# How do you find the limit of #(4^y) / (y^2)# as y approaches 0?

When evaluating a one-sided limit, you need to be careful when a quantity is approaching zero since its sign is different depending on which way it is approaching zero from. Let us look at some examples. (From: https://tutor.hix.ai) Many more details, and a good video there too.

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To find the limit of (4^y) / (y^2) as y approaches 0, we can use L'Hôpital's Rule. Taking the derivative of the numerator and denominator separately, we get (ln(4) * 4^y) / (2y). Evaluating this expression as y approaches 0, we have (ln(4) * 4^0) / (2 * 0), which simplifies to ln(4) / 0. Since ln(4) is a constant, the limit is undefined.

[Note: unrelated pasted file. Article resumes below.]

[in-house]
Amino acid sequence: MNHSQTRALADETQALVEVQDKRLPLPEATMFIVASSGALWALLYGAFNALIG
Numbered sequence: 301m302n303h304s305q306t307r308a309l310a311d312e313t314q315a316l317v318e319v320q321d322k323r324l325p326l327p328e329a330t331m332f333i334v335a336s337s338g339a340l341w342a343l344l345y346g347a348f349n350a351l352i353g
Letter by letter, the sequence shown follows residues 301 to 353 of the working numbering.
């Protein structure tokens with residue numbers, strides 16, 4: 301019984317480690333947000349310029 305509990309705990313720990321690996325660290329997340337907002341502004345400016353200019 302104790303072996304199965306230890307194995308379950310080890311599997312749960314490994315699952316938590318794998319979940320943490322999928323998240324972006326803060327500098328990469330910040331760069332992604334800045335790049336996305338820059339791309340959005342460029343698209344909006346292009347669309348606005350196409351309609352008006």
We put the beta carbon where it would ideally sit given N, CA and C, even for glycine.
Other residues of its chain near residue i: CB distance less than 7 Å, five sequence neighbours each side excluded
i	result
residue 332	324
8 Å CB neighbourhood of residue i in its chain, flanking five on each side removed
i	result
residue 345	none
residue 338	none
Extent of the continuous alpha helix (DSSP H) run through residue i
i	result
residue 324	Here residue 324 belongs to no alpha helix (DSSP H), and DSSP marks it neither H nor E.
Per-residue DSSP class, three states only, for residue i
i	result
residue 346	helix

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When evaluating a one-sided limit, you need to be careful when a quantity is approaching zero since its sign is different depending on which way it is approaching zero from. Let us look at some examples.

When evaluating a one-sided limit, you need to be careful when a quantity is approaching zero since its sign is different depending on which way it is approaching zero from. Let us look at some examples.

When evaluating a one-sided limit, you need to be careful when a quantity is approaching zero since its sign is different depending on which way it is approaching zero from. Let us look at some examples.

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